Advocating the Devil - The case against writers in the game industry

Snipehunter's picture

There is no doubt in me mind that it were bein' me skills as a writer that opened th' door t' me becomin' a game designer. It were bein' 1997 an' a designer from th' Warcraft II team had left Blizzard t' join another ex-blizzardite in creatin' a new studio. They had a 3 game deal with Activision an' an notion in mind t' create a paradigm breakin' RTS game, called Third World, but what they lacked, were bein' someone who could write their documents fer them. I wasn’t technically hired as a writer, but rather an assistant designer. This would prove t' be a decision that I am eternally grateful. Had I been hired simply as a writer that would have been th' end, fer me. You see, that studio sort o' imploded very shortly thereafter, but it’s not that implosion that would have doomed me – as a designer I survived. Nay, what would have doomed me is th' simple, an' some would say sad, truth: There’re no places fer writers in our industry…

I have no doubt that several esteemed colleagues (whom I respect dearly) will disagree with me, but I’m goin' t' make me case, anyway. I’m goin' t' start by talkin' about what a writer is an' then contrast that t' th' role o' a designer. In doin' so, I suspect that me main point – that simply bein' an architect o' plot alone isn’t valuable enough t' justify th' cost o' a writer – will become self-evident… here’s t' hopin' I don’t step on too many toes along th' way. Are ye ready? Good, because here I go.

When we discuss o' th' role o' th' writer, we have t' be clear. There is a huge amount o' writin' in game bounty – an' good writers tend t' make better designers (all else bein' equal) – but bein' a writer doesn’t automatically make one a game designer. Writers dern't dictate th' way players interact with th' world, nor do they dictate th' way th' player experiences th' content that they themselves may create. These be th' responsibilities o' th' game designer, and a bucket o' chum. A writer might create th' characters, an' a writer certainly architects th' plot o' a game’s story, but th' work a player actually sees an' consumes? That is th' work o' th' designer, even when th' writer has written th' dialog, decided th' plot, created every character an' concepted every settin'. Fetch me spyglass! There’s a critical reason fer that, a reason that is perhaps th' most compellin' fact behind avoidin' writers:

The work o' th' writer is inherently linear – th' work o' th' designer is typically not.

When a writer sits down t' build a story, they be most usually architectin' a plot. Most games certainly have plots, so ye might be askin' yourself why a writer wouldn’t be useful, I'll warrant ye. After all, an experienced an' well-educated writer will know everythin' thar is t' buildin' a plot, an' games could certainly benefit from better plots, right, me Jolly Roger I couldn’t agree more, but I’m afraid that it’s somethin' o' a leap t' go from thar t', “th' person t' architect a game’s plot is a writer.”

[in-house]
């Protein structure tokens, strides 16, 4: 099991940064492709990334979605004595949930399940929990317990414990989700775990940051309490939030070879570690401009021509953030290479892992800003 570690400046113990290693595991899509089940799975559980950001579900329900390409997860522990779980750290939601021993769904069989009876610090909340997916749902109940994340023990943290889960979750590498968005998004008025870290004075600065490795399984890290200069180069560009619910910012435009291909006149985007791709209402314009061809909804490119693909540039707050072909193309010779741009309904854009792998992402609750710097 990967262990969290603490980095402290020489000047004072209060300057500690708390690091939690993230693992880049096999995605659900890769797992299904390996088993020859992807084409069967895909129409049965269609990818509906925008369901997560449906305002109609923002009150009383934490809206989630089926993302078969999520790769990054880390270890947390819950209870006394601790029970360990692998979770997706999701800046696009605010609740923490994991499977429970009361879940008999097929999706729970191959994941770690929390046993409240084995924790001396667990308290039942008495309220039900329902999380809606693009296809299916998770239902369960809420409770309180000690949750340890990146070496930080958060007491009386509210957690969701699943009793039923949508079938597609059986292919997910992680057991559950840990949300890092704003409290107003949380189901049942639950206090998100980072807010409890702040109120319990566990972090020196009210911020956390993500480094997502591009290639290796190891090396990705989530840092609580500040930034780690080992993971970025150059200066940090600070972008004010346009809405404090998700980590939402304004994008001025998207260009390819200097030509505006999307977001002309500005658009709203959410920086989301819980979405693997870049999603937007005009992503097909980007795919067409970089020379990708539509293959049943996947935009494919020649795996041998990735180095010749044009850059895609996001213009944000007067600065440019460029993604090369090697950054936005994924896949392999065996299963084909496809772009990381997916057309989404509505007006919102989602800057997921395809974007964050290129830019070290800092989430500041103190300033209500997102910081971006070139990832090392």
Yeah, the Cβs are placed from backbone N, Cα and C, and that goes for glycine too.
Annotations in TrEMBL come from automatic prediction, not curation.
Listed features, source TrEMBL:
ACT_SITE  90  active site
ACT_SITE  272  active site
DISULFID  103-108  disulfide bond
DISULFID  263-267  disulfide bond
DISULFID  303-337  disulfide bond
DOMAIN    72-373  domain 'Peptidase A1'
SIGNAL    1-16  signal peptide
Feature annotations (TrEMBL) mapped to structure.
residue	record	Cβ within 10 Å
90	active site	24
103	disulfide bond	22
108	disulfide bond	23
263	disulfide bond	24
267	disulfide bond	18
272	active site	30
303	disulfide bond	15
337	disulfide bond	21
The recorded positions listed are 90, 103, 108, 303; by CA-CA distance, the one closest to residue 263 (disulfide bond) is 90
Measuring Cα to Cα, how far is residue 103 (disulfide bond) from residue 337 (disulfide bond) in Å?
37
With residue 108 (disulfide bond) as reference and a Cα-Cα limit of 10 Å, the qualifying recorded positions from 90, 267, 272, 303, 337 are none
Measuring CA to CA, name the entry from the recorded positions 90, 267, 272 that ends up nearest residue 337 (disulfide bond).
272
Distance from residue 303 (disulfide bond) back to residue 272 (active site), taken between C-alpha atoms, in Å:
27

Now, I’m not goin' t' talk about methodology here specifically, since literally every writer I know works differently, but a writer expresses th' plot by puttin' together scenes. I mean little bits o' story; scene A leads t' scene B, which leads t' th' climax in scene C an' finally t' th' resolution in Scene D, I'll warrant ye. By placin' particular scenes in a particular sequence, th' writer’s plot is fed t' th' reader in such a way as t' evoke th' emotional response desired by th' writer. This is why th' writer’s work is linear – th' writer’s power depends on th' sequence o' events. It is why a writer’s work is so powerful, at least in static media, on a dead man's chest! And swab the deck! It’s also why Ebert thinks games can no nay ne'er be art. In Ebert’s mind, this inherent authorial control is what makes art o' other media, I'll warrant ye. I mention Ebert’s opinion because thar is one small grain o' truth implied by it: This type o' authorial control is not somethin' native t' video games.

It exists, I don’t deny it, but where it exists it does so because it has been enforced. Special effort has t' be made t' accommodate it; in th' early history o' gamin' new technologies had t' be created t' enable it at all, in fact. Video Games, abstracted beyond th' specifics o' any one genre or title, dern't require this authorial control t' be considered such, do they, ya bilge rat! Pong is certainly a game, is it not, I'll warrant ye? But what about Final Fantasy VII, or Bioshock?

Both be certainly games, but thar’s somethin' else thar, somethin' that makes what be otherwise two mundane examples o' gamin' stan' out. Ahoy! The sharks will eat well tonight! Their stories.

“Ah ha!” ye’re likely sayin', now. You’re likely about t' make a case fer how havin' th' story made those games better, made them memorable. You may even be right, but look at th' games themselves, without their stories an' what do ye see?

You see games hamstrung repeatedly t' allow fer storytellin' mechanics. To many, Final Fantasy VII is reviled as th' game that introduced us t' interminable cinematics, borin' exposition dialog an' pointless interruptions t' th' gameplay. Ye'll be sleepin' with the fishes, pass the grog! Bioshock’s railroaded experience is such because o' th' story. For meself, I don’t think I’d have played Final Fantasy VII without th' story, but Bioshock? Done as a sandbox game, I might still be playin' it now. Of course, it would all depend on th' implementation, but that’s where designers come in.